Net Zero Buildings: The Key Principles in Design & Construction
We hear ‘Net Zero’ in the news often and frequently from the mouths of politicians. Yet how does the term specifically apply to building design?
Firstly, let’s quickly recap what problem Net Zero is trying to solve: Climate Change. The emission of greenhouse gases from human activity is the main driver of climate change on the planet. Greenhouse gases trap heat and make the planet warmer, leading to a slew of potentially catastrophic problems.
Carbon Dioxide (CO2) is only one of the greenhouse gases, which include methane and chlorofluorocarbons. However, it is the primary gas released by human activity and the one that causes the most harm.
In simple terms, Net Zero refers to an offset between the amount of greenhouse gas produced and the amount removed from the atmosphere. It means cutting climate pollution to as close to zero as possible and investing in renewable energy and Carbon Capture Technologies, as well as other strategies which remove greenhouse gases from the atmosphere.
As of 2022, the Australian Government has enshrined in law a commitment to cut greenhouse gas emissions by 43% by 2030, with a target of Net Zero by 2050.
The design and construction industry has a crucial role to play in achieving Net Zero. As we’ve recently discussed on our Thermotalk podcast, 38% of greenhouse gas emissions stem from the global building industry.
Let’s look at the techniques which can be implemented by architects, designers, and builders to achieve Net Zero Buildings.
What exactly is a ‘Net Zero Building’?
A Zero Energy Building (ZEB), also known as a Net Zero Building (NZB), is a building with Net Zero energy consumption, so:[Total Amount of Energy Used Onsite] = [Amount of Renewable Energy Created]
The goal is that less overall greenhouse gas is contributed to the atmosphere during operations than in similar buildings. A Net Zero Building may at times consume non-renewable energy and produce greenhouse gases. However, this is offset by reduced energy consumption and renewable energy.
The development of Net Zero Buildings is now being encouraged by tax breaks and savings on energy costs, making them more economically viable.
The design and construction of Net Zero Buildings.
To optimise efficient energy use, Net Zero Building design usually takes cost-effective steps during construction to reduce energy consumption.
Designers typically incorporate passive design features in the building envelope that will work in tandem with on-site renewable energy assets like solar energy.
Architects and designers now have access to sophisticated 3-D building energy simulation tools that model how a building will perform under a range of conditions, incorporating the planned design. These models consider windows and doors, insulation, air tightness and heating, cooling, and lighting efficiency. This allows them to perform a building life-cycle assessment before construction.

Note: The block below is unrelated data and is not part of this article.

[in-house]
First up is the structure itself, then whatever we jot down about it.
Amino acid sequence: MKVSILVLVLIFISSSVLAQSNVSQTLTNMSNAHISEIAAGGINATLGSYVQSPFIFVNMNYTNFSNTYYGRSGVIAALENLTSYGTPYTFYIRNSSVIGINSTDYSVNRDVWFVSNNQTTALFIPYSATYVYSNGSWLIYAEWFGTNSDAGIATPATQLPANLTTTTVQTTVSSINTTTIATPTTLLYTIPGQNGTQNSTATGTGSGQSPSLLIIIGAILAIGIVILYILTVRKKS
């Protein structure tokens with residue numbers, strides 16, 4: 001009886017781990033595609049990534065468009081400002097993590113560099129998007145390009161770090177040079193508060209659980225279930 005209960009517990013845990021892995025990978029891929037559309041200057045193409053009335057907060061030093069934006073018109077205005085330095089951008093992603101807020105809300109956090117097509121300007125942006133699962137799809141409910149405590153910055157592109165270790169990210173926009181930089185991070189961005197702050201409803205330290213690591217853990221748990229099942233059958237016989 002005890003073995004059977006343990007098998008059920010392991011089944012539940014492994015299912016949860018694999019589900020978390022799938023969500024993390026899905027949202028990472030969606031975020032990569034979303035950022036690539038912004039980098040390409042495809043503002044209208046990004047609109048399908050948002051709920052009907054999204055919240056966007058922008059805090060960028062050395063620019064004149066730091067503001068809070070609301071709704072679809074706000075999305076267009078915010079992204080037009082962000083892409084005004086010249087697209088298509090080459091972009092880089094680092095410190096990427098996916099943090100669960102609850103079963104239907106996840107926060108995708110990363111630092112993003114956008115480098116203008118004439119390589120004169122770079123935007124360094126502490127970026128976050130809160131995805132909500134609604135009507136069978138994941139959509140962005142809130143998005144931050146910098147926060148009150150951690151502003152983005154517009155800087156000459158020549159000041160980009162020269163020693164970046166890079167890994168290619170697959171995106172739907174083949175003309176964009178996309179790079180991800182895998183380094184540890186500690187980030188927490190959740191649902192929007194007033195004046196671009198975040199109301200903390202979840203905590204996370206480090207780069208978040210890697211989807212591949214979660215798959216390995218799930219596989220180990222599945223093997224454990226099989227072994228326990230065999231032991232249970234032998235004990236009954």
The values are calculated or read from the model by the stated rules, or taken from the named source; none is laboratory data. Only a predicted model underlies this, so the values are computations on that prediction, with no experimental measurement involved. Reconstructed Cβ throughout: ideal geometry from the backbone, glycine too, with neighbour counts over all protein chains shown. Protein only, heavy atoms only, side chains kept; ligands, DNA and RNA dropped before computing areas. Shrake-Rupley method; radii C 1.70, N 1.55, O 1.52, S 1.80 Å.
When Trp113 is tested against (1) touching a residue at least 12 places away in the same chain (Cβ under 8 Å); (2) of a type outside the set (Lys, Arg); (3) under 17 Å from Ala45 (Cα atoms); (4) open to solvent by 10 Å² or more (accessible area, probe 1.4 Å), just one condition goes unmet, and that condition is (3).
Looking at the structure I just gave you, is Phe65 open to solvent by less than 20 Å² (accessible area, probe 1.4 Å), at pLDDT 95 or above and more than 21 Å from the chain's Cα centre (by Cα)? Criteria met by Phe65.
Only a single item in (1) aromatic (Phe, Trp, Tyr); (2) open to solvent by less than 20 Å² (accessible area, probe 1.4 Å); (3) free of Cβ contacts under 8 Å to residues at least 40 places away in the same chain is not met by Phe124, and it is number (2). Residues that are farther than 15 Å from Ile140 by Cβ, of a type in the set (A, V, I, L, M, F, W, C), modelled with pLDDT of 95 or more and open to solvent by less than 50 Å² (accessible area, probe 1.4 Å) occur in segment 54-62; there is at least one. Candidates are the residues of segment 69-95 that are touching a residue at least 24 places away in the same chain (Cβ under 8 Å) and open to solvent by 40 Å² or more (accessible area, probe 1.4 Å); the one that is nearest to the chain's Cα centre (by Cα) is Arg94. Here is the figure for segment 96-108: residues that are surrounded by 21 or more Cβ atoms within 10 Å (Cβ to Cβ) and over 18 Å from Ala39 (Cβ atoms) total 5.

Incorporating high-efficiency, energy-saving features.
Energy-saving design features in the structure are a crucial component of Net Zero Buildings. For example, heating and cooling loads may be lowered by heat pumps, which are around four times as energy efficient as furnaces. Added insulation and high-efficiency windows (such as double or triple-glazed ones) are the key.
Another important area is energy-saving devices and appliances: e.g., skylights for natural light during the day, LED lighting for nighttime which uses 1/3 less power than incandescent lights, passive solar gain in winter and shading in summer and natural ventilation. The devices used will vary depending on the local climate and the position of the building.
Once the energy use has been minimised, it’s possible to generate energy onsite using techniques such as roof-mounted solar panels. Another way Net Zero Buildings harness and reuse energy is from appliances. For example, refrigerator exhausts can be used to heat water servers.
In short, Net Zero Buildings make use of heat energy that conventional buildings may exhaust outside.
What’s the difference between Net Zero Buildings and other terms such as Passive House, Green Building and NABERS?
There are many organisations operating within the sustainable design and construction space, with a lot of different terms in circulation.
Their common goal is decarbonisation, although they may take a different approach to achieve this.
These buildings focus on reducing three key kinds of greenhouse gas emissions:
1) Embodied Emissions. These are emissions during production, construction, maintenance, replacement, and end of life.